It seems that I’m branching out.  I’ve done something that I didn’t think that I’d ever do – I signed up on Facebook.  I avoided it for a long time, but now I’m in and I can’t leave it alone.

The thing is, I’m not technophobic.  Internet technology is my life and my work.  I’ve been doing some form of social networking long before it had a name.  In college, well before the majority of the world knew what a website was (mostly because very few people had seen one yet), I had found myself absorbed into a realm of online chat rooms and bbs sites and usenet groups – so much so that I nearly failed my second semester.  Which is precisely one of the reasons that I have forced myself to be cautious of my involvement in such services since.

I use email and IM, but mostly only as needed and primarily reactively (many of my friends can attest to the fact that I’m not very good at keeping in touch).  I’ve generally reserved my use of the internet as an information tool and avoided active engagement.  Even this blog is something I do fairly casually and without any strong compunction to vigilance (readership is not a strong goal here – though I do thank those of you who choose to read).

So as I said, I took that plunge.  It was initially not intended for dedicated use (I actually created my account to be able to test something for work).  But I’m not it now and I’m connecting with lots of people that I haven’t talked to or seen in years (in some cases, decades).  I try to limit the time I spend there (it can be addictive), but I’m there and I’m embracing it.  I figure it will be an interesting way to learn some things about some of the people with whom I’ve crossed paths (and maybe they will learn a few things about me as well).  Maybe my life will be profoundly effected by people I previously barely knew.  Who knows.  The least I can do is branch out there and see what happens.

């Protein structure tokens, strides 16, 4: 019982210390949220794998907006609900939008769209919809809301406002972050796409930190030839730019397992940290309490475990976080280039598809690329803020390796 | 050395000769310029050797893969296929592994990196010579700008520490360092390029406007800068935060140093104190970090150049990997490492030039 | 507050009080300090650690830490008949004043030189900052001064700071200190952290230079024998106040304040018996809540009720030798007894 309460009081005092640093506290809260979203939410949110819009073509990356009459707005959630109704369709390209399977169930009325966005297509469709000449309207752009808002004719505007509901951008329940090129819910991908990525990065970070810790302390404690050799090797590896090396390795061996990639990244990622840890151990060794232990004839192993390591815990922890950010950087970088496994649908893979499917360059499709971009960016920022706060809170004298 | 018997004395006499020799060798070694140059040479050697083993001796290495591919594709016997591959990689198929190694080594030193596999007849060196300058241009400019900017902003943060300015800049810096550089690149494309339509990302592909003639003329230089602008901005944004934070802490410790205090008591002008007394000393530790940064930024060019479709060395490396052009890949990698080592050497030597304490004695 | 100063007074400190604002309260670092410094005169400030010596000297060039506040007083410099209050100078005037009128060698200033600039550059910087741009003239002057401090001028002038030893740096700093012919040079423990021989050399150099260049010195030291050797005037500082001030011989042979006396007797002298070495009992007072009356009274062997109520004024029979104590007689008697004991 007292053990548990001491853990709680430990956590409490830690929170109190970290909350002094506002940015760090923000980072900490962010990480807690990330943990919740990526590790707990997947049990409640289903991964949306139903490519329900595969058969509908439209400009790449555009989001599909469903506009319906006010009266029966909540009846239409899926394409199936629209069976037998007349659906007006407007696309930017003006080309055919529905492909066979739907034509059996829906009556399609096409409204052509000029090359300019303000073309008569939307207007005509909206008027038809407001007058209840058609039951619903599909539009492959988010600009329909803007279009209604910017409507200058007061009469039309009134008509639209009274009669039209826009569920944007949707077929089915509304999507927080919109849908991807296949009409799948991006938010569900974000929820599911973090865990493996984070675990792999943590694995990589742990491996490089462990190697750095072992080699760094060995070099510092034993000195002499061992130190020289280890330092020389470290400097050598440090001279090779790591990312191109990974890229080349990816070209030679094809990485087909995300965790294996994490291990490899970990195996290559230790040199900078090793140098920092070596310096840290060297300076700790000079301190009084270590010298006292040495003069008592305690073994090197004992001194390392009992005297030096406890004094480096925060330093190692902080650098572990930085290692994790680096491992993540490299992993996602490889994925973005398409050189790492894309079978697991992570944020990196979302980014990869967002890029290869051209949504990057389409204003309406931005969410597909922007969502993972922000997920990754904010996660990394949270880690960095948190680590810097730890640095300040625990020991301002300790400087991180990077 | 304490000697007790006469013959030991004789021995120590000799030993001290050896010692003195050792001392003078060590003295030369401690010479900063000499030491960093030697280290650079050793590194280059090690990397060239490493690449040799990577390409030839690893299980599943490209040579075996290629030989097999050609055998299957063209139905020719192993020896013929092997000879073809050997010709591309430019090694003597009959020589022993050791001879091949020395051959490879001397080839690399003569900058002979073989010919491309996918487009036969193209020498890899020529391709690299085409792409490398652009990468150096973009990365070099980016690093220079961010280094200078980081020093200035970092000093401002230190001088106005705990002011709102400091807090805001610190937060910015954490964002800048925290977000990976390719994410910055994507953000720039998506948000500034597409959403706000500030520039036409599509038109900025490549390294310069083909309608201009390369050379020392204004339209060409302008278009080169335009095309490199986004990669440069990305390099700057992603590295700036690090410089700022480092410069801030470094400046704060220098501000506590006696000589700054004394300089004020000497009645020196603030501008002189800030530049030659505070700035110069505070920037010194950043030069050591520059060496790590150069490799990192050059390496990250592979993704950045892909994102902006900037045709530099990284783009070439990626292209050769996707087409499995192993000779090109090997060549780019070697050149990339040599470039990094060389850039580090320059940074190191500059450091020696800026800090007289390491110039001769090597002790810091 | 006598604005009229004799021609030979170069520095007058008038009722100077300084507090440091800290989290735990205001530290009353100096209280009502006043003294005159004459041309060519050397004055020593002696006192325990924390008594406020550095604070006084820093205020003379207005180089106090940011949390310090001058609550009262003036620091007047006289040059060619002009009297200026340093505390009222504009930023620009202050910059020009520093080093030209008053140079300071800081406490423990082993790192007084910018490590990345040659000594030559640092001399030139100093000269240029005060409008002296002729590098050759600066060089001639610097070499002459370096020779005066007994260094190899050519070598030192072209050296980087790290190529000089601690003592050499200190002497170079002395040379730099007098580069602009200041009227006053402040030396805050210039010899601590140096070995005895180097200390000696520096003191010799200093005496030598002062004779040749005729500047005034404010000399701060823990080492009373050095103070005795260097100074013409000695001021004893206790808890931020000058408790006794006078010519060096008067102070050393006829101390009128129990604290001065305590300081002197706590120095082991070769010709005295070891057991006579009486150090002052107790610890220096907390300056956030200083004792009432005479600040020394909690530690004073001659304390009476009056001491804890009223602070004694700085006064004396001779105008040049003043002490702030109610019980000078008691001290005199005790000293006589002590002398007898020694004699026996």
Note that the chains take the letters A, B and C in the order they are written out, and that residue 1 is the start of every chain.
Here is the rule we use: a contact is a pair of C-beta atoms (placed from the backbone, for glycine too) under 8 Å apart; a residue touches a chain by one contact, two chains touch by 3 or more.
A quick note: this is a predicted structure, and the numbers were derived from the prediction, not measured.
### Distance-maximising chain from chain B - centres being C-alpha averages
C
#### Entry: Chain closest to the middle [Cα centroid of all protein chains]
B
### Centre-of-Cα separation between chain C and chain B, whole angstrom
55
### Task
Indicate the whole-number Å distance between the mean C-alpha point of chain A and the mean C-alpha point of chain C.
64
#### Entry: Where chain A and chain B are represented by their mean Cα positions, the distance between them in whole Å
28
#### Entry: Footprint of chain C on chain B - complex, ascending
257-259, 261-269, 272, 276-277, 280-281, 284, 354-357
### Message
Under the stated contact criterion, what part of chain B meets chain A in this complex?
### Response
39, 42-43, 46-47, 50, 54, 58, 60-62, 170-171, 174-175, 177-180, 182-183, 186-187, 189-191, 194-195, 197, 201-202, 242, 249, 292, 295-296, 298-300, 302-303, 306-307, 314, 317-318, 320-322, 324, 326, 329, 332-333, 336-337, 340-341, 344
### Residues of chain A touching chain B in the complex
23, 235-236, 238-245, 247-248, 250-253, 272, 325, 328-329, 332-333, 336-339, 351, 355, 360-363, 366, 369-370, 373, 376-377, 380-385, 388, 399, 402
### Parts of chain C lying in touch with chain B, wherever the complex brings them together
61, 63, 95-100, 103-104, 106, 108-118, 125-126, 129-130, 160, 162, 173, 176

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Out of Network

by on Aug.19, 2008, under career, Internet

I will admit that I’m not big on online social networking.  Maybe I’m too old or it just doesn’t seem important enough, but I don’t have a page on FaceBook or MySpace (actually I do have one on MySpace, but only for work-related testing – I have no friends there, I even deleted Tom).  I don’t have any interest in Twitter, and most of the web content I read is for news/information.  I signed up a few years back on Classmates, but only to try and find some old friends from high school – I don’t keep my information current.  To all of this, there is one exception – LinkedIn. (continue reading…)